My husband thought we’d start to look like Barbara and George Bush and I think he thought it aged him. He’s settled into now. I think he’s more amused than me when we get stopped because someone if stunned with my hair.

    Now, I’m growing it longer and working on encouraging the curl. I have to say my hair has never been healthier looking and also more kempt/professional.

    And the truth is, you can always color it again if you hate it. And think of what you can do with the savings. :)

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  • Jenn

    Posted on March 13, 2012

    I have found henna is a nice midway compromise. It fades out on its own so I don’t get the two-tone look and it always looks natural. Meanwhile, I’m contemplating a radical short cut – and hoping I don’t end up getting something that looks just like my daughter’s bob ;).

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  • Stacy

    Posted on March 13, 2012

    I have one hair goal in life: to eventually look like Jamie Lee Curtis! That woman is beyond hot and sexy and I love her short, grey hair. Unfortunately, my mom is 57 and only has a couple of grey hairs, so I may be waiting for a while. The point is, you’re right: it’s only hair and it does grow back. So, you chop it all off and discover you don’t like short grey hair, you let it grow back and dye it again. That’s what’s so great about hair!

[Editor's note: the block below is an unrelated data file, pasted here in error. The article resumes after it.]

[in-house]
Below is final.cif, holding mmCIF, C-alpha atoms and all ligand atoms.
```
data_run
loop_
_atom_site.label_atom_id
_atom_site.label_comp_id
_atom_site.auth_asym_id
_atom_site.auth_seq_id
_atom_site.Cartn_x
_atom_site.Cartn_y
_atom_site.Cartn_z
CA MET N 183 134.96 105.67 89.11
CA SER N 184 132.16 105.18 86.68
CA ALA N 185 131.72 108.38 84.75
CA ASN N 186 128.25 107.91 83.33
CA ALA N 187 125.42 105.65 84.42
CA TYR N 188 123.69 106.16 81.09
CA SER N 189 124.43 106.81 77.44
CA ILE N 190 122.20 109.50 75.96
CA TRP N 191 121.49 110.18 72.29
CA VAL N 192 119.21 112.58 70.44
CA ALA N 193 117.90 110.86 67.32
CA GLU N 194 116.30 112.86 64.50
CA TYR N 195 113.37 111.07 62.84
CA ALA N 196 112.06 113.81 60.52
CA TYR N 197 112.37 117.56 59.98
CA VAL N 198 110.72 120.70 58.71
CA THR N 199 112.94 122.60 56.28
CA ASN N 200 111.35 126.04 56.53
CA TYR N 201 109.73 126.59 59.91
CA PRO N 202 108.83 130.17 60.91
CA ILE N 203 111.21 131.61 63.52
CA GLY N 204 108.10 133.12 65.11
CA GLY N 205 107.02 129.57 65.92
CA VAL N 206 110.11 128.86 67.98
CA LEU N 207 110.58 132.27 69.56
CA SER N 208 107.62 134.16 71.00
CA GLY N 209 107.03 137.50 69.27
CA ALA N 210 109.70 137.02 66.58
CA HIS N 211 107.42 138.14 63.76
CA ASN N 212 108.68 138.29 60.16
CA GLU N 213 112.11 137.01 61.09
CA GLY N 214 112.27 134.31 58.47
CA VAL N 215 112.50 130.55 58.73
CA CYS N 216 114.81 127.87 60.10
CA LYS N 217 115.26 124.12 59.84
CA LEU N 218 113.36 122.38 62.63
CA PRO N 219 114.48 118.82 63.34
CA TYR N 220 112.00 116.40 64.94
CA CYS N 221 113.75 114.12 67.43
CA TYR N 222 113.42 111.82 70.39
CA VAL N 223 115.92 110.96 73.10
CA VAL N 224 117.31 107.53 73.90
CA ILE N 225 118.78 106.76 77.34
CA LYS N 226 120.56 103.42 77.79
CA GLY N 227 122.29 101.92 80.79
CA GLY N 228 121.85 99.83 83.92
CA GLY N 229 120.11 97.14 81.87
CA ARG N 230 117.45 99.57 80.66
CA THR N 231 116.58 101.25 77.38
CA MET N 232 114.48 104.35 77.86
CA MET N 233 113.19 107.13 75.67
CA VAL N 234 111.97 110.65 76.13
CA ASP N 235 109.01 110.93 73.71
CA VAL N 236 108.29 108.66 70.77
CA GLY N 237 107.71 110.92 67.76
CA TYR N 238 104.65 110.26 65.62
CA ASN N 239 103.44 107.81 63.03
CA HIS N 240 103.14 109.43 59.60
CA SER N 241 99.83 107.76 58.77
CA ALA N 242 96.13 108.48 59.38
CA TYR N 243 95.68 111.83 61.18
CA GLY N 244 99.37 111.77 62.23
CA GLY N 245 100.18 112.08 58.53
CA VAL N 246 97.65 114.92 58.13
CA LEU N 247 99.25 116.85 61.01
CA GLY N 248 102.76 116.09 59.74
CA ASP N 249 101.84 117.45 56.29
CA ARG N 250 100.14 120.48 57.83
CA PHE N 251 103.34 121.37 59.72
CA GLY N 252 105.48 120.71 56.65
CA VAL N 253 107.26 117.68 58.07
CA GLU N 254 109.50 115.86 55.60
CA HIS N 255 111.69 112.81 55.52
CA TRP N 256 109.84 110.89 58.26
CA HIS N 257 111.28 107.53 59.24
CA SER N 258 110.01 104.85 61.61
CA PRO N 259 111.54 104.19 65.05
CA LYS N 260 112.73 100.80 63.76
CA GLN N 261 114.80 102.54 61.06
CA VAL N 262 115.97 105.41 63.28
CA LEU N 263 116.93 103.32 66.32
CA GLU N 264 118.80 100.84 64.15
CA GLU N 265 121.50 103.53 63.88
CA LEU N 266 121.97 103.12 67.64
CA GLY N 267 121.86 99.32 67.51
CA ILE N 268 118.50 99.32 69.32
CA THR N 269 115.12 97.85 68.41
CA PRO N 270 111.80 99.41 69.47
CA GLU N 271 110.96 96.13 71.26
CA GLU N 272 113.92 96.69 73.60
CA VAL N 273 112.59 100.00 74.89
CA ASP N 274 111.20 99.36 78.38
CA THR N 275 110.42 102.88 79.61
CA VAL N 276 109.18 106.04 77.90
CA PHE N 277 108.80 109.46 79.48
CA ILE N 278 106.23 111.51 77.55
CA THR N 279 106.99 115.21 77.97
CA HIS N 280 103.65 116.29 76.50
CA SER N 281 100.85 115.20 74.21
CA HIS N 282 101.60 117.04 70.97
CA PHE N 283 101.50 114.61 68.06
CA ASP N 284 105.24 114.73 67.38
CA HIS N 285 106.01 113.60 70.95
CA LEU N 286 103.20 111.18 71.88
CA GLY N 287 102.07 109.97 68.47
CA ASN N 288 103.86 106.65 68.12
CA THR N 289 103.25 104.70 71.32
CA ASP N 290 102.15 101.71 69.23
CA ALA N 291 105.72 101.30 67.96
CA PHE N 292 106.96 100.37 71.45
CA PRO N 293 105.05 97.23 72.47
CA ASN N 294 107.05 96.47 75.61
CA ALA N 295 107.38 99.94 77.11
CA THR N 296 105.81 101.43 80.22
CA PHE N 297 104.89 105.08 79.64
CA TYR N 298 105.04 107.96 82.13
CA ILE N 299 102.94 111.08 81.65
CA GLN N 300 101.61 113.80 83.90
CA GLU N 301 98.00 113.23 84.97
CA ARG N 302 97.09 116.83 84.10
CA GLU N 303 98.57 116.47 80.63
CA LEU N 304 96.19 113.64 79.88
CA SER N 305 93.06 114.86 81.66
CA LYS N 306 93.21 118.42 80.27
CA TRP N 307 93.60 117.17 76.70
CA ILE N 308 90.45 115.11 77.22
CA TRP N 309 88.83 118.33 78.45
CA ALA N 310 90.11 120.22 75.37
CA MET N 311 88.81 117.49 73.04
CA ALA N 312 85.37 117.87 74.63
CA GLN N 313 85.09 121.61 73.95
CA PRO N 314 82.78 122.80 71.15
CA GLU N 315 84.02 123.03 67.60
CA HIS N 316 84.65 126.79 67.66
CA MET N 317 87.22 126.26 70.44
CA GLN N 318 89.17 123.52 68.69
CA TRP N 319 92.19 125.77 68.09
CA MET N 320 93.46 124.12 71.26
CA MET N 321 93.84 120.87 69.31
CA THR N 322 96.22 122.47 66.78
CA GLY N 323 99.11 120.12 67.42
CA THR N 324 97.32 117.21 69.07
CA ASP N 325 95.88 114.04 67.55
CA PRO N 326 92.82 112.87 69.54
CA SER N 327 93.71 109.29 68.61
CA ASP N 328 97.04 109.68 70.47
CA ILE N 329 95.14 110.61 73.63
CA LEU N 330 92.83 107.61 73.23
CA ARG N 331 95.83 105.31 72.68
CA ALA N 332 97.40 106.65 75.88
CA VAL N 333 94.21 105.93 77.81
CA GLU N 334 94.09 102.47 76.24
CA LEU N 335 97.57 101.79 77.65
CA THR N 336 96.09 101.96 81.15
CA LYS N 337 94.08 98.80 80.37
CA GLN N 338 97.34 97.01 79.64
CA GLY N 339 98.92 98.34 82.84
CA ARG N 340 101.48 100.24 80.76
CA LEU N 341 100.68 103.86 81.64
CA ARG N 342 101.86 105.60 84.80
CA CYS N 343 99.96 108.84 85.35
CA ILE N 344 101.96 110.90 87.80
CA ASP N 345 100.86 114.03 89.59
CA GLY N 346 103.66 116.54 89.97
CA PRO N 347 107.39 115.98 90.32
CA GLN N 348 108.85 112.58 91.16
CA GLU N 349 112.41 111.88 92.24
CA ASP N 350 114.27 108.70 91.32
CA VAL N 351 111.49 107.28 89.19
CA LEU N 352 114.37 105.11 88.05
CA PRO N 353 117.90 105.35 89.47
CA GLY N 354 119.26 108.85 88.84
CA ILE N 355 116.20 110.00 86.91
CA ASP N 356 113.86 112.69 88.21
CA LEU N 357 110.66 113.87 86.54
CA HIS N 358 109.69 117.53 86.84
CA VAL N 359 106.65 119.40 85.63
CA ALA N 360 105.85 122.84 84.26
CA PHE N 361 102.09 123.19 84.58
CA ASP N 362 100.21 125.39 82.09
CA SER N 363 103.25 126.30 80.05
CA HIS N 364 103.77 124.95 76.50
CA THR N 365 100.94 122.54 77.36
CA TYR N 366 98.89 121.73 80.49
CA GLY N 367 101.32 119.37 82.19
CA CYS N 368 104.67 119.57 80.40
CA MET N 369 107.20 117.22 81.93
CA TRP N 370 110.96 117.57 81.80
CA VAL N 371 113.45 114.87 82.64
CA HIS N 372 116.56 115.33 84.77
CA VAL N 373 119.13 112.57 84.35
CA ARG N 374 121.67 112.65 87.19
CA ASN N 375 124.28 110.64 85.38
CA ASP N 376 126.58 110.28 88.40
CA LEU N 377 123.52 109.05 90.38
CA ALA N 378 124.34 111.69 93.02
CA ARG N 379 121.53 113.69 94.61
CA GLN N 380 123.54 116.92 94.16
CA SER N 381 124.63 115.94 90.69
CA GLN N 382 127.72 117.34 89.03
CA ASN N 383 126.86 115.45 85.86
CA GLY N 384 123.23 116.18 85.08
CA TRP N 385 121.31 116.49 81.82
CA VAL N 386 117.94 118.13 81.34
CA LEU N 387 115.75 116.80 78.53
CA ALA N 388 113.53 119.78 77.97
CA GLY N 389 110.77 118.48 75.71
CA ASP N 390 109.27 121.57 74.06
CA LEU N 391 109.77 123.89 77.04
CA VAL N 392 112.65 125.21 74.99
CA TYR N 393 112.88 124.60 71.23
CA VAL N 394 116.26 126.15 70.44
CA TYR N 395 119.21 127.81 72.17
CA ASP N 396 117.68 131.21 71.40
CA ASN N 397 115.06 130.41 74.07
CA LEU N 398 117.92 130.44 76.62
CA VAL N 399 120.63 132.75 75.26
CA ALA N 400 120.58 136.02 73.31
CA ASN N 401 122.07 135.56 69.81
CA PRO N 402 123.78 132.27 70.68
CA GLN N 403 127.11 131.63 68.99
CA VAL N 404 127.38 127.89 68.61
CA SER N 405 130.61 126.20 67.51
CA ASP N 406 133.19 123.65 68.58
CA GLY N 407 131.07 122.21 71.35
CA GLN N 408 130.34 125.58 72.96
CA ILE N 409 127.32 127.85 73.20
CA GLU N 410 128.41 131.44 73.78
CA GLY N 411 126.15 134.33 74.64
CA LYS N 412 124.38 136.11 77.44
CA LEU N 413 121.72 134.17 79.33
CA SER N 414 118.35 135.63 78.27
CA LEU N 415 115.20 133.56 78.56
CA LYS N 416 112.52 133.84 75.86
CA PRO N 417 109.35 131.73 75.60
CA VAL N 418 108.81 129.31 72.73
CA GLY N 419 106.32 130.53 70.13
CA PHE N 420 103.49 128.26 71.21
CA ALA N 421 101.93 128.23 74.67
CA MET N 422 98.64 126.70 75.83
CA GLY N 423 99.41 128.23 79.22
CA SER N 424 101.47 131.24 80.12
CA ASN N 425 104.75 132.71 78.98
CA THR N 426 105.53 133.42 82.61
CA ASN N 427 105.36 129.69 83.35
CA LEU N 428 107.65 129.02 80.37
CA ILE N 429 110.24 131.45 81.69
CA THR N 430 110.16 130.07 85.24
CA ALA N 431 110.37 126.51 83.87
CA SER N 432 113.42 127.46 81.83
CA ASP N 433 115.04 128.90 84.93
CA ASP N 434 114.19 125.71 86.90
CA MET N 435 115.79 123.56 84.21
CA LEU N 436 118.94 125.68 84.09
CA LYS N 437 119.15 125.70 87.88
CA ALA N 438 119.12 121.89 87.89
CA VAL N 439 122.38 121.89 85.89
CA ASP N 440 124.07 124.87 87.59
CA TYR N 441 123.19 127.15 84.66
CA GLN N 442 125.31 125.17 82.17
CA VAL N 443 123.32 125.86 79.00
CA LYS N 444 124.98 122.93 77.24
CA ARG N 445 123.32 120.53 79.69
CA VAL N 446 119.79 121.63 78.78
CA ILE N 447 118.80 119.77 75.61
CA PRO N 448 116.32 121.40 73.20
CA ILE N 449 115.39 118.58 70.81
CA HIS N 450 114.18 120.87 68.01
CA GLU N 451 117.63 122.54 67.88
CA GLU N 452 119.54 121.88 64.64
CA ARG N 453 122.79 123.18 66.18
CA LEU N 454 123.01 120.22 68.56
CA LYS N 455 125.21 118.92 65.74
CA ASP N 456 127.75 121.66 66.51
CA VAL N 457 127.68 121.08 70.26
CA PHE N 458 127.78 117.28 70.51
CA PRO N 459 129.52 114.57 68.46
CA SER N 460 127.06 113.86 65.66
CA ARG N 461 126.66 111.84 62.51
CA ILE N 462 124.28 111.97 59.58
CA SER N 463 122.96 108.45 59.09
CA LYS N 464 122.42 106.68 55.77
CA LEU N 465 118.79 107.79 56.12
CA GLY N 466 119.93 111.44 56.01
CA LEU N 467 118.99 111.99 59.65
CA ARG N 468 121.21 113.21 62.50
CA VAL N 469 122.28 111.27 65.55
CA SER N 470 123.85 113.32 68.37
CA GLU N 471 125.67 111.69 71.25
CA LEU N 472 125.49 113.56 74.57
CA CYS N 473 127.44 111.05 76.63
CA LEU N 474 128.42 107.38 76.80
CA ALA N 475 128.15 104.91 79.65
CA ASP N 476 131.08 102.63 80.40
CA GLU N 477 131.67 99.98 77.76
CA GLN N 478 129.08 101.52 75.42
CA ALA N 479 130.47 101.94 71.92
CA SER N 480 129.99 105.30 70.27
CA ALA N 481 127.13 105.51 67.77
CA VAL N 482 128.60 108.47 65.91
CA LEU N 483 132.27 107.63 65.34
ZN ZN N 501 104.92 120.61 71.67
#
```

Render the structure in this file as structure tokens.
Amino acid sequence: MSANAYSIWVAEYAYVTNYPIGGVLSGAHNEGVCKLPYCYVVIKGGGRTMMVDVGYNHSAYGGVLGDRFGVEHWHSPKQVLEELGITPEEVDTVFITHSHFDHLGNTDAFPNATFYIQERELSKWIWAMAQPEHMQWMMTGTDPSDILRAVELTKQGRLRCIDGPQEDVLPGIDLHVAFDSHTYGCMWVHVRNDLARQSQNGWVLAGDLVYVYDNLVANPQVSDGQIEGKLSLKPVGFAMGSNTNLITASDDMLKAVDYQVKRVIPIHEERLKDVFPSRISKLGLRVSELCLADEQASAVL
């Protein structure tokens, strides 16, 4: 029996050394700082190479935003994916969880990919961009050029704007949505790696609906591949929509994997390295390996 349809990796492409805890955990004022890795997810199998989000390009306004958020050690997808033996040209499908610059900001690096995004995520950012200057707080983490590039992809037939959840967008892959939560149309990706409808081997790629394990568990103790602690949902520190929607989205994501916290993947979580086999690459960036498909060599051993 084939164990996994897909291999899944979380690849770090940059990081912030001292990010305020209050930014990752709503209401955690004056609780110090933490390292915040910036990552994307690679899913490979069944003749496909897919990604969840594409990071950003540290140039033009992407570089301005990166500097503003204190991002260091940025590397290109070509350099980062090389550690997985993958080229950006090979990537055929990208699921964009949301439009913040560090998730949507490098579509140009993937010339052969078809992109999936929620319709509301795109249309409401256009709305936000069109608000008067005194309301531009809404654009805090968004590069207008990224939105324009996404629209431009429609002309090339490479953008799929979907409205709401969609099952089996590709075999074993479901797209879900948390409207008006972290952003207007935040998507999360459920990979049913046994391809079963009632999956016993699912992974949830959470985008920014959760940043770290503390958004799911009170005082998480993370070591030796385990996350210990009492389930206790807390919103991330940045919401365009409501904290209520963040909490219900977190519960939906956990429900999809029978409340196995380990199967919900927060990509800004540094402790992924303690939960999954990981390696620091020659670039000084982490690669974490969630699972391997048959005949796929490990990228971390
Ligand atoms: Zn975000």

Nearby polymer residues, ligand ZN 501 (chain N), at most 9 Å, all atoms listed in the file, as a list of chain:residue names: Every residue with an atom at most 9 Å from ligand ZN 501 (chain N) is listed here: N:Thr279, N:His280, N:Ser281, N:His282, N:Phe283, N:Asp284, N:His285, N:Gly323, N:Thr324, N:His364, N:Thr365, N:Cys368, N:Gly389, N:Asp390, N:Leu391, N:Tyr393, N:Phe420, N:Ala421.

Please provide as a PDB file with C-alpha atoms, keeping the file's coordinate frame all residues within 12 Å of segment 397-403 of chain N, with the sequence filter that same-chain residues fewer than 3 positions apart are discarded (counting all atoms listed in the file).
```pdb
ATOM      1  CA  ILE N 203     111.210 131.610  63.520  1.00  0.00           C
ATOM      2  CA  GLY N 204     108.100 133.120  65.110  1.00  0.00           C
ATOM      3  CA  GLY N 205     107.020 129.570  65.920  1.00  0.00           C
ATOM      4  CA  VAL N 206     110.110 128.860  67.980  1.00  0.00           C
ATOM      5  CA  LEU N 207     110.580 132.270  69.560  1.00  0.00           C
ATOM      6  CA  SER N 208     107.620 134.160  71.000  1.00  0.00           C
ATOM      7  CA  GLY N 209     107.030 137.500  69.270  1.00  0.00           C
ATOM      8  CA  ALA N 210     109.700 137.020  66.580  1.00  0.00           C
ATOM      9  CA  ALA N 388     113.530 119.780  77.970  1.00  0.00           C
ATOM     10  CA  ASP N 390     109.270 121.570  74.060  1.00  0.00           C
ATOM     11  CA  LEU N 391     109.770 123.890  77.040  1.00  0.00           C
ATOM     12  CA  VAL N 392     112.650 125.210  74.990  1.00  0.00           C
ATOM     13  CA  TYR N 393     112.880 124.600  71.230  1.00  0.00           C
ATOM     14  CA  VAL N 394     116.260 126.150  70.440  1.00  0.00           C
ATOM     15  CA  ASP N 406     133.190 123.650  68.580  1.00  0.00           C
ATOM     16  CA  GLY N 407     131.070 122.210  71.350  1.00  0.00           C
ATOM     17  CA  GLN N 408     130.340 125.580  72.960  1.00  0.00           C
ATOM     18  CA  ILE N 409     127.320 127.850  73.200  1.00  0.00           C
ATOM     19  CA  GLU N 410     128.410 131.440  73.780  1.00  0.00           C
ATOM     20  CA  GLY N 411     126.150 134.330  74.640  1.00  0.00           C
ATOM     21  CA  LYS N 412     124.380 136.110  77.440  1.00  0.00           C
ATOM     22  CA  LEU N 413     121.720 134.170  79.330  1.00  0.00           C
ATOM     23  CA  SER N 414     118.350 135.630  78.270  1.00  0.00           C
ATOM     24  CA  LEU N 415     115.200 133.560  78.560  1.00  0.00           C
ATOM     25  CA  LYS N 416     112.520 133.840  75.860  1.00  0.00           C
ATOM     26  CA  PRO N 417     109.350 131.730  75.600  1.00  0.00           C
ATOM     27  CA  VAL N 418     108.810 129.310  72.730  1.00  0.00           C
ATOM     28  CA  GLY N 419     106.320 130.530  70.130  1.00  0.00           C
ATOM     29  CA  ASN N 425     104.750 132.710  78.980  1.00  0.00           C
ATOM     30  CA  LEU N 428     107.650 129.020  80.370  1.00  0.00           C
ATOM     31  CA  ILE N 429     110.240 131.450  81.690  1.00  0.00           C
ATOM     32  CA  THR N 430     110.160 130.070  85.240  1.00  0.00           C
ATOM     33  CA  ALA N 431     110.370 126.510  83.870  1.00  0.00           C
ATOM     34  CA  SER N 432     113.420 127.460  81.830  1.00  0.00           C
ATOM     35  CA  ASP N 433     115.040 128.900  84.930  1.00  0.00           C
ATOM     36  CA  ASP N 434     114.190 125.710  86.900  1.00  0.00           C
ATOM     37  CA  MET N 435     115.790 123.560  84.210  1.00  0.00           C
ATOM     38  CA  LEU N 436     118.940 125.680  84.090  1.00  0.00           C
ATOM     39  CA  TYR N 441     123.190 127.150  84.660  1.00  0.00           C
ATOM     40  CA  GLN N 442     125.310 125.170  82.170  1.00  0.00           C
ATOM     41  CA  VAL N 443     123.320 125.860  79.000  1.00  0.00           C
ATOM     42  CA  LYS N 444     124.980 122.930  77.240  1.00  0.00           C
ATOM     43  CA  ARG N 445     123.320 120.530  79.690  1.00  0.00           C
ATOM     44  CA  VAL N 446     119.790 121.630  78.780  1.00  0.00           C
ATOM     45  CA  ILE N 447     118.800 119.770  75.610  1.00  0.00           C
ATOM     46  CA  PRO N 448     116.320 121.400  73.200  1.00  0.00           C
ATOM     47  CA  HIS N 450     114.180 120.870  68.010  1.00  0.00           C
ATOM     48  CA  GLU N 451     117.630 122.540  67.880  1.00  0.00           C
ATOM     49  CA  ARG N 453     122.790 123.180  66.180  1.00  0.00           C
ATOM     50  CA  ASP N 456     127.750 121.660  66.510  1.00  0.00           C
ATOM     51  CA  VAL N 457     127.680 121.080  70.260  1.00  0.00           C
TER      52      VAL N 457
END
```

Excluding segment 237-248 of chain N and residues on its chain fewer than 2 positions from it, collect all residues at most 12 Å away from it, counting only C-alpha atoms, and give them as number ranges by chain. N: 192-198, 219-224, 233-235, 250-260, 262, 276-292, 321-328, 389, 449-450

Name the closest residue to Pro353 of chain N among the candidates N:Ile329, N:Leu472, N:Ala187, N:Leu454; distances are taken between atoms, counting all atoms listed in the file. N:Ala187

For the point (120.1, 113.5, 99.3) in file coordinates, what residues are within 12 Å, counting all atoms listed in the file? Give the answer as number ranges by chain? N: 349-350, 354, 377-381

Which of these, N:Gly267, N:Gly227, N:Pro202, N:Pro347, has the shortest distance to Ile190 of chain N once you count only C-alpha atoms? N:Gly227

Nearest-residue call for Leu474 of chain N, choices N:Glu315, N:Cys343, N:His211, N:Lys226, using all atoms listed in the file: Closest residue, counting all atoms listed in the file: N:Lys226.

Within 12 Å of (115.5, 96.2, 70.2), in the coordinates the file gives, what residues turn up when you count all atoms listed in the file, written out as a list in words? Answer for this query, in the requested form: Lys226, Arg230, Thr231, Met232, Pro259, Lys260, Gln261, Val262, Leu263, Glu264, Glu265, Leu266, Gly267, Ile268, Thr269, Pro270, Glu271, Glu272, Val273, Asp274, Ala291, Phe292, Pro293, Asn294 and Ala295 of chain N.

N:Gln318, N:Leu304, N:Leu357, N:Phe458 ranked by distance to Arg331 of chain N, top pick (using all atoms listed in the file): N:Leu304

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  • Jenn C.

    Posted on March 13, 2012

    I started going gray when I was in high school. For a while it wasn’t very noticeable, so I ignored it. I started coloring it when I was in my 20s, and did that for about 10 years. When I hit about 35 or so, I decided I was just done – the time, the expense, the putting toxic and painful chemicals on my head just all got to be too much.

    I didn’t have to worry too much about looking “professional”, so I just grew it out, but it looked pretty weird while it was three-tone (dyed color, grey and natural color), so perhaps using non-permanent color would solve that problem for you now.

    I get more compliments on my hair and how striking it is now than I ever did when it was dyed, and the only people who have commented negatively are women who I know to also not be super comfortable in their own skin. I have gotten mistaken for my daughter’s grandmother (she’s 10, I’m 38!) but only by little kids who clearly equate grey hair with grandma. I don’t think grey hair is inherently unprofessional.

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  • Alison C

    Posted on March 13, 2012

    I colour my hair to cover some grey but mostly because the natural colour is sludge brown. If it was a nice grey all over I think I would let it go.
    Check out Alice at Finslippy.com, she let her hair go grey last year and she is rocking it!

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  • Katie in CA

    Posted on March 13, 2012

    Go grey! Dye it until it all comes in grey. I’m starting to go grey at 29 (I started at 27 too), and I remember when my mom rocked the grey hair when I was about 10 or 11. I remember how beautiful she looked. Much better than her current color. I remember at my grandfather’s funeral, my Aunt, my mom’s sister, showed up with tiger stripes in her grey hair. Think shades of grey, not orange and grey. It was soo cool. My aunt had to dye it that way. GO Grey!